PSNI chief says sorry to Cahill for failings in abuse probe
PSNI Chief Constable George Hamilton yesterday apologised personally to IRA sex abuse victim Mairia Cahill over police handling of her case.
He praised her "courage and resilience" and admitted that she had been failed by the police who investigated her allegations of rape.
As well as delivering a scathing critique of PSNI and RUC failings, Police Ombudsman Dr Michael Maguire noted that Sinn Fein did not act when Ms Cahill originally made her allegations to senior party figures in 1997, instead waiting for three years to suspend her alleged attacker.
Ms Cahill also criticised Sinn Fein, accusing the party of engaging in a cover-up and waging a campaign to question her integrity ever since she waived her right to anonymity.
She has previously alleged the republican movement's response to her abuse claims was to subject her to an IRA interrogation.
Ms Cahill, a grand-niece of prominent Belfast republican Joe Cahill, claimed she was sexually abused as a 16-year-old by Martin Morris.
As well as Ms Cahill, there were two other alleged victims in the case.
Mr Morris, who denied all wrongdoing, was later acquitted of rape and IRA membership when the case against him collapsed in 2014 after the women withdrew their evidence.
Dr Maguire blamed the RUC and the PSNI for a litany of failings linked to the cases.
After yesterday's meeting, the Chief Constable said: "I met Mairia Cahill today and apologised personally to her for our failures.
"We talked about how the RUC did not investigate intelligence that they held in 2000.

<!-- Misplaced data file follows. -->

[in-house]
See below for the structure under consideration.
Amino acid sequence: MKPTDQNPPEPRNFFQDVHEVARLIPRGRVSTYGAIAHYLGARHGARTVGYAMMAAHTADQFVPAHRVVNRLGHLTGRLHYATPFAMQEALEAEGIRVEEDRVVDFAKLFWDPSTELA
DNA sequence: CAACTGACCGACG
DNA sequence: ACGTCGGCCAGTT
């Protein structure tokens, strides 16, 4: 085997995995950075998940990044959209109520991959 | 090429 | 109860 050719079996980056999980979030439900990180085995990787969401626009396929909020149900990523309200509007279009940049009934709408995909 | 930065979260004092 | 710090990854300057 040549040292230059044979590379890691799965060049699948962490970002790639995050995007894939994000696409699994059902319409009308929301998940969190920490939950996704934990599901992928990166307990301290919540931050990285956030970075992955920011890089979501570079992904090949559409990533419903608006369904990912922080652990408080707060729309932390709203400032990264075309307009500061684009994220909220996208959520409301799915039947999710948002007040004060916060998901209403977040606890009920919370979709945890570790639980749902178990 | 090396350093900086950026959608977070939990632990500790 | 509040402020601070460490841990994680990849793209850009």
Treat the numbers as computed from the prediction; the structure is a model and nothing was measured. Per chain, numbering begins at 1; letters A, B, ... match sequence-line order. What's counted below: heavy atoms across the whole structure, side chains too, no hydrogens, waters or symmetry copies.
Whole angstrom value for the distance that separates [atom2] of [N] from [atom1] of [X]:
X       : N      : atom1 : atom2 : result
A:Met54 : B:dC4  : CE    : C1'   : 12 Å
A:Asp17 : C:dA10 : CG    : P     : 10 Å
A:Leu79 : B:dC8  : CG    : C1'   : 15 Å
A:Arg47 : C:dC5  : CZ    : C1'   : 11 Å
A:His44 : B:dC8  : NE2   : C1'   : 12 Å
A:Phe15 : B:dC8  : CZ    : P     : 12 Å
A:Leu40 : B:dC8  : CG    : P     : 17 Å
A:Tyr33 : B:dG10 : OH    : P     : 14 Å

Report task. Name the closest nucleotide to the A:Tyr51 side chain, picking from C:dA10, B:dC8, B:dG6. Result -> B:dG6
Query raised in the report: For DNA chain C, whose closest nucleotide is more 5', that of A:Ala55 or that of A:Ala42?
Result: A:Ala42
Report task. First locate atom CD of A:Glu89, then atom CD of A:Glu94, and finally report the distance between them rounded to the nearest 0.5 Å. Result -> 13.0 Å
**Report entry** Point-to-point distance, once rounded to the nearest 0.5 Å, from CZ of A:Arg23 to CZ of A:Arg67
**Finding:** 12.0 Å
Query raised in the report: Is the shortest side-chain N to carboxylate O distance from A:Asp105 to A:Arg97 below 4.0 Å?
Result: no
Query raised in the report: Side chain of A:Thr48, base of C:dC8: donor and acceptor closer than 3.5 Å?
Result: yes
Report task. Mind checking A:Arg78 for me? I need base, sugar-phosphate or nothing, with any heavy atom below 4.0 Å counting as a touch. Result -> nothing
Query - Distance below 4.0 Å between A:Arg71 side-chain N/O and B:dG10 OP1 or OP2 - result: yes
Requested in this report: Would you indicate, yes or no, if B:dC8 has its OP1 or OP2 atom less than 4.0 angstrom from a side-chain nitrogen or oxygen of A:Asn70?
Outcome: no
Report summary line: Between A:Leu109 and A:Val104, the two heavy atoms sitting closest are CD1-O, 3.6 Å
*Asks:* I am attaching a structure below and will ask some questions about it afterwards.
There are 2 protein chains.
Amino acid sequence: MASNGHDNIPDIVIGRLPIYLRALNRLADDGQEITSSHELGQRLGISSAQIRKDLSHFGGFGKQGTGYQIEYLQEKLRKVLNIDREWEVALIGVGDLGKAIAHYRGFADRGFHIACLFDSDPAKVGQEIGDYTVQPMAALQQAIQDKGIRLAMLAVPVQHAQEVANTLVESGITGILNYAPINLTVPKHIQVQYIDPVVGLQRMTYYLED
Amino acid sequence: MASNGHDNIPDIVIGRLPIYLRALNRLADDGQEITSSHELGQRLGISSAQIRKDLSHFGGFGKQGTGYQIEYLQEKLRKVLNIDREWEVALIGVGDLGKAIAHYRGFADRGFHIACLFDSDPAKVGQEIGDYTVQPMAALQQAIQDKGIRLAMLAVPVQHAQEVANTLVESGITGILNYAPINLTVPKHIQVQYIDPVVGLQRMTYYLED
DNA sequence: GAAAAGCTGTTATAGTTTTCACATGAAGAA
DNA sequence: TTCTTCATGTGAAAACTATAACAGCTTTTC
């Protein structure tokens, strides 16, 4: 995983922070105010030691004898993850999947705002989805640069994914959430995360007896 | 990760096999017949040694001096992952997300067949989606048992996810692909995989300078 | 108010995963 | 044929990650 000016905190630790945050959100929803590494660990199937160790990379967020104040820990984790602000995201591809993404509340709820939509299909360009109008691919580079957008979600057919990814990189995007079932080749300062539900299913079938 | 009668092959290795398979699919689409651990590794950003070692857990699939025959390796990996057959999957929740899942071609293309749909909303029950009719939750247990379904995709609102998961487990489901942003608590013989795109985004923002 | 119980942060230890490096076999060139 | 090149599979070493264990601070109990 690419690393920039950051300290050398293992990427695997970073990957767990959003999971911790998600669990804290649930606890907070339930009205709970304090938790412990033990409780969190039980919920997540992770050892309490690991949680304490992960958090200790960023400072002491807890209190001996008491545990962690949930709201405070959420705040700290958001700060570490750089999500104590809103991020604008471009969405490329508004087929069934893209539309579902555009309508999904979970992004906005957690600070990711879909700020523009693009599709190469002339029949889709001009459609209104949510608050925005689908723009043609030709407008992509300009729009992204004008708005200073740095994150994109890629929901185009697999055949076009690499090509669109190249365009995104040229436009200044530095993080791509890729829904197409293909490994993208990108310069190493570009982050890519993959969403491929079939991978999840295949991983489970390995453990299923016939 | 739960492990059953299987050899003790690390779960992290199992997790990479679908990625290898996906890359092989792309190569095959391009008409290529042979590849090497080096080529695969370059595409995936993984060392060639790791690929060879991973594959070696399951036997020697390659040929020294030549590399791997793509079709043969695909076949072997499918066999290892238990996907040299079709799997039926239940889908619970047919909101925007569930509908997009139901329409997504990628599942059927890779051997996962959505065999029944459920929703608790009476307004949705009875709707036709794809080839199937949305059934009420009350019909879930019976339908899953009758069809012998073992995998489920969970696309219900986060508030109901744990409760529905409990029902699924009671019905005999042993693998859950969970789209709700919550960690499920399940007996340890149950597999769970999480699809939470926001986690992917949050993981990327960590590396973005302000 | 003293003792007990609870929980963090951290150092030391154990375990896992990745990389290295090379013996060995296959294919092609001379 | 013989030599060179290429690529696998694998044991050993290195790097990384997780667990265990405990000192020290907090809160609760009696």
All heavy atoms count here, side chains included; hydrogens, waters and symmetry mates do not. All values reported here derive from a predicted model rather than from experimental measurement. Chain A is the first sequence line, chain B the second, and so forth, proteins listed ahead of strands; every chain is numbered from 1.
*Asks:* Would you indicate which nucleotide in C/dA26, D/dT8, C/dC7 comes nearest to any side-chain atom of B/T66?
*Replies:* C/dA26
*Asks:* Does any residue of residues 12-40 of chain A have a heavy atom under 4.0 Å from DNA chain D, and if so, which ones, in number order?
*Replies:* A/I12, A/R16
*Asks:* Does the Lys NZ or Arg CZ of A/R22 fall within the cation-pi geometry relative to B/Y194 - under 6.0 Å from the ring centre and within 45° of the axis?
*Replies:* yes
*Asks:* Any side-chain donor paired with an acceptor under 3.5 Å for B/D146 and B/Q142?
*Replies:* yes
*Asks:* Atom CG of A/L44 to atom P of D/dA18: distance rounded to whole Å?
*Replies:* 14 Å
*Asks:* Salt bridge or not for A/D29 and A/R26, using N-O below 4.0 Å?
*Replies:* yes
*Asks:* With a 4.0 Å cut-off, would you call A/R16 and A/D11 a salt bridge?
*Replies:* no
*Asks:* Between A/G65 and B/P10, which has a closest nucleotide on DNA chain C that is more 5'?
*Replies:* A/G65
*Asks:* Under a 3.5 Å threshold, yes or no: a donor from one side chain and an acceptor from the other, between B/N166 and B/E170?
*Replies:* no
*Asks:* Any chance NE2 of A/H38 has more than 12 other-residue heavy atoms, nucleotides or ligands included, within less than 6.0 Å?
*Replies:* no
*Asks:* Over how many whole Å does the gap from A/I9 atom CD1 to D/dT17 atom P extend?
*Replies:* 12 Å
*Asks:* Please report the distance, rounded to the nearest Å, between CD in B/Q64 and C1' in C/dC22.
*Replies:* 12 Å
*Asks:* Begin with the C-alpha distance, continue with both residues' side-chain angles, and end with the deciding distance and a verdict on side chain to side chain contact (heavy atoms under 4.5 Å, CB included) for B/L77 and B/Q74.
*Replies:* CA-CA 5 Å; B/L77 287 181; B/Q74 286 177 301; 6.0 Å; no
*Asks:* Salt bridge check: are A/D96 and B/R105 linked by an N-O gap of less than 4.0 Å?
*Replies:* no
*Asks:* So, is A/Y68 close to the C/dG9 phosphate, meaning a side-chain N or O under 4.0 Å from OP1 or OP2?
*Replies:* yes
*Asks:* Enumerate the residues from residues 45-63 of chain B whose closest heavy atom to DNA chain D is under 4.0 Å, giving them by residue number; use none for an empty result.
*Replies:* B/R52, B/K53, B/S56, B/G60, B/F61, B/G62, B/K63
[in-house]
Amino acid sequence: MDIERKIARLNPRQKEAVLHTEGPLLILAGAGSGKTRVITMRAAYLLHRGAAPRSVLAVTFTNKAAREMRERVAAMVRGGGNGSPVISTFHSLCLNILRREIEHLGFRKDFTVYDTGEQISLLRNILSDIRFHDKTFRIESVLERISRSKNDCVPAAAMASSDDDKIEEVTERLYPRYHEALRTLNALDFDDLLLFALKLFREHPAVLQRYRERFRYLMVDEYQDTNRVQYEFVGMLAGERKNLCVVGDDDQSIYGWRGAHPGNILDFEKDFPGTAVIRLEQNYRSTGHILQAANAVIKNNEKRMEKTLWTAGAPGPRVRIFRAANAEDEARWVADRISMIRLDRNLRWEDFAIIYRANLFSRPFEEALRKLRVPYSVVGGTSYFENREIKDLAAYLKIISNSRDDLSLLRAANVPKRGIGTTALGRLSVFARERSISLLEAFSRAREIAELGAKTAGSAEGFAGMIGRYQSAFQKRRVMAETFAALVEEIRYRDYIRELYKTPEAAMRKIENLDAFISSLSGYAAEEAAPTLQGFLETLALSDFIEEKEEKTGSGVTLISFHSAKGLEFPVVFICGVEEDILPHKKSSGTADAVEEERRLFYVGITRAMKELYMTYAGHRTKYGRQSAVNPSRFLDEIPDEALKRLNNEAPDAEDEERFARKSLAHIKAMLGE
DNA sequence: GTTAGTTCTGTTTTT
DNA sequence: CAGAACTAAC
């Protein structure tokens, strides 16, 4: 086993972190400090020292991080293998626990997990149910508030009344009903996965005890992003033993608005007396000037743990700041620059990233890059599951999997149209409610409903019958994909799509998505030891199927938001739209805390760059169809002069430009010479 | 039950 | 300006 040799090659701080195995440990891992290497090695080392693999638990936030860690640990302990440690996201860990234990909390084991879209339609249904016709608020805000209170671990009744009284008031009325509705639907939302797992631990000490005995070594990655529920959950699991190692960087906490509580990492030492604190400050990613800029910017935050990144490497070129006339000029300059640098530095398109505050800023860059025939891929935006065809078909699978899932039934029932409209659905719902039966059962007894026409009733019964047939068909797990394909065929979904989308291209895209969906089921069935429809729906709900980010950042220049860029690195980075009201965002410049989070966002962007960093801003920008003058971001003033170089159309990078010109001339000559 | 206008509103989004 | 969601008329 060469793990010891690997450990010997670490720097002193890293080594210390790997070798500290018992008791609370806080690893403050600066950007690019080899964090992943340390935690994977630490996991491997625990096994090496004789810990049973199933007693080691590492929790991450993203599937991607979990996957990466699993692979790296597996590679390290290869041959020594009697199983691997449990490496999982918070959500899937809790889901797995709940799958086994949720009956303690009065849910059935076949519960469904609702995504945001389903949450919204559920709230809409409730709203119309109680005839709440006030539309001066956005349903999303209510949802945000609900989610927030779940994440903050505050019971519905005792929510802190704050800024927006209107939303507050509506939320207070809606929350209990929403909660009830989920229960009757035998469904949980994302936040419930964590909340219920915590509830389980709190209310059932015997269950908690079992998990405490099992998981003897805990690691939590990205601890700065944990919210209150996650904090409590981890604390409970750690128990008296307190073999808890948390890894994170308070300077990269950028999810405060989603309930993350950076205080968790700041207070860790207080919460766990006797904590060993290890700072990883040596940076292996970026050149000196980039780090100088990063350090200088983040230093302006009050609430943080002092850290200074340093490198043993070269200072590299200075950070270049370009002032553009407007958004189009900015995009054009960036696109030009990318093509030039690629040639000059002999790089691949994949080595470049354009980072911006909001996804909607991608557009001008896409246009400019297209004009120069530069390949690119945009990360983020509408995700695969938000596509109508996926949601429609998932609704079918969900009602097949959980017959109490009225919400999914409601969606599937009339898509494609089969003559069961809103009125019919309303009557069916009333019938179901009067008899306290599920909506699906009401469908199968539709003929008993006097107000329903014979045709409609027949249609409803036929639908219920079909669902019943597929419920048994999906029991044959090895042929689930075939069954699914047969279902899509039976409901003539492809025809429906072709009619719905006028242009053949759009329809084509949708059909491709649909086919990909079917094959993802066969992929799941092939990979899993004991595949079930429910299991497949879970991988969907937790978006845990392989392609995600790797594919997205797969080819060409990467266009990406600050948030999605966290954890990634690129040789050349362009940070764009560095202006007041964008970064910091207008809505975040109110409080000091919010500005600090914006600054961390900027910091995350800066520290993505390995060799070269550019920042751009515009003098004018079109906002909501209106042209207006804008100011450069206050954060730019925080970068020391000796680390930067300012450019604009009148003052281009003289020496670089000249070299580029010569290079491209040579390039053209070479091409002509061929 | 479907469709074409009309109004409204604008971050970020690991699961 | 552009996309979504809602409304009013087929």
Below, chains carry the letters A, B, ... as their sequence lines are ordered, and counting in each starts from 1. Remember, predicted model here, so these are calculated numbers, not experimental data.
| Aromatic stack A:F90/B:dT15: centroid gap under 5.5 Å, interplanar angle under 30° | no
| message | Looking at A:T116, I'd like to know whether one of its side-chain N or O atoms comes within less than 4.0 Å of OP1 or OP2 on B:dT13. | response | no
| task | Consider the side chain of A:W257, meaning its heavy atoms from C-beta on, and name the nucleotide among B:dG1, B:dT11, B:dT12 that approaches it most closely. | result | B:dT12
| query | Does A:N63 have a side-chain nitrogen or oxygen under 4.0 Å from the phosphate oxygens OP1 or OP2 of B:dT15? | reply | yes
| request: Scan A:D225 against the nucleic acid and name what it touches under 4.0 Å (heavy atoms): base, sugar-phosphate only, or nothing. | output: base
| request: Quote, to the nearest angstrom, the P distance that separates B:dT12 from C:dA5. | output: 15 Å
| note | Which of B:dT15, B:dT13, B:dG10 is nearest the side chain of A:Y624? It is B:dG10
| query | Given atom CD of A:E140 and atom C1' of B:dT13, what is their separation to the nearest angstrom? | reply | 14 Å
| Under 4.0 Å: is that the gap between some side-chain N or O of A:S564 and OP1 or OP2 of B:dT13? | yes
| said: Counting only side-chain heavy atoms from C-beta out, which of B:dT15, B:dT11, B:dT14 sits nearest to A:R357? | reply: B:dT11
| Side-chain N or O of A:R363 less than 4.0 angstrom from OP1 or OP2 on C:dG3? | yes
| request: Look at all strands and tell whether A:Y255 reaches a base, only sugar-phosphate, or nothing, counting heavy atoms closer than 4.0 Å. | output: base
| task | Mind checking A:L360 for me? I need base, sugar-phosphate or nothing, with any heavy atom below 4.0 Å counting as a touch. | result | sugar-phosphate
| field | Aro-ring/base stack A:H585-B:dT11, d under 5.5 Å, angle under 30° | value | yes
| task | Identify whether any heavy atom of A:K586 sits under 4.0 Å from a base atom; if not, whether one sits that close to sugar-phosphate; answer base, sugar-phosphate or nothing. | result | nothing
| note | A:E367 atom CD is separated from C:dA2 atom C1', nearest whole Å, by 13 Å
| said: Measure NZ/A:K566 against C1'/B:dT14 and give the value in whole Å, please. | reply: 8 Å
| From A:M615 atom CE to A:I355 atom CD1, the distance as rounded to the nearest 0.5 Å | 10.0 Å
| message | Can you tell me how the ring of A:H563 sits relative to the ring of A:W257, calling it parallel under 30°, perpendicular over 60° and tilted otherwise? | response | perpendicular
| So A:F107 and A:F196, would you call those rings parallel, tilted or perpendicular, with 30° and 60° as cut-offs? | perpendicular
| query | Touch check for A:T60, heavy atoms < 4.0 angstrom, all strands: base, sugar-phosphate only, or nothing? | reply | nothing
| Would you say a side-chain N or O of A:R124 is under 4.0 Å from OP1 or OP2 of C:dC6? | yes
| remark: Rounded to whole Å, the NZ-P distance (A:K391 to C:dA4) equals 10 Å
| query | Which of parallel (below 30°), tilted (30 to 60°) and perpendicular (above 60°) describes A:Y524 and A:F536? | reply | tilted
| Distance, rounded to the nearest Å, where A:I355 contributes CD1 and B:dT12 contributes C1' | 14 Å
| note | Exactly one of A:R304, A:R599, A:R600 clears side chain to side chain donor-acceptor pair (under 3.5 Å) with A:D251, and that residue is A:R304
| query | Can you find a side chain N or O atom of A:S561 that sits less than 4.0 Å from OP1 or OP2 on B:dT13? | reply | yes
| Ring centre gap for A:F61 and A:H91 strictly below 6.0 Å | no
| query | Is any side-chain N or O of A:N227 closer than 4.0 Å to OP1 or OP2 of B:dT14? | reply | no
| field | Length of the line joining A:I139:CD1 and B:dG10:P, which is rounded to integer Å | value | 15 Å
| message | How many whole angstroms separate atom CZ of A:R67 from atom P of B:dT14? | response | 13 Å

"We also discussed how the PSNI did not effectively investigate the allegations of three victims, one of whom was Mairia, from 2010.
"These shortcomings contributed to a failure in the prosecution and had massive negative impact on Mairia and the other victims.
"I was struck by Mairia's courage and resilience.
"I was also struck by the fact that she shouldn't have had to display that much resilience, had Mairia and the other victims been better supported by the police service and by the wider criminal justice system."
Last night Ms Cahill said she had accepted the Chief Constable's apology.
She also agreed to meet him in the future to "use my experience to ensure that no one ever has to go through this again".
Describing the PSNI meeting as "positive enough", she added: "I didn't pull any punches.
"I was very direct with them, because I wanted to make sure that they got the message.
"And I think the message has been received loud and clear."
But the west Belfast woman, who is now an SDLP councillor in Lisburn and Castlereagh, was unimpressed by Sinn Fein leader Mary Lou McDonald's apology over her party's actions before and after she went public about her sex abuse.
Mrs McDonald said Sinn Fein now had "robust procedures in place" for mandatory reporting of abuse allegations.
"I deeply regret that these procedures were not in place at the time of Mairia Cahill's disclosure," she said.
"For this I unreservedly apologise.
"I wish Mairia Cahill every best wish for the future."
But Ms Cahill described the Sinn Fein leader's words as "woefully inadequate".
"Her own behaviour and her party's behaviour when I went public will be indelibly etched on the mind of the Irish public," she said.
"They allowed people to believe that I was lying about my experiences.
"They refused to accept or admit that there was an IRA investigation, and they never once disclosed that Martin Morris was in Sinn Fein.
"She did not admit that the information about my abuse was received by senior Sinn Fein members in 1997-1998, and they did nothing about it for years."
She added: "Mary Lou's apology is not worth the paper that it's written on until she admits to people that I was telling the truth."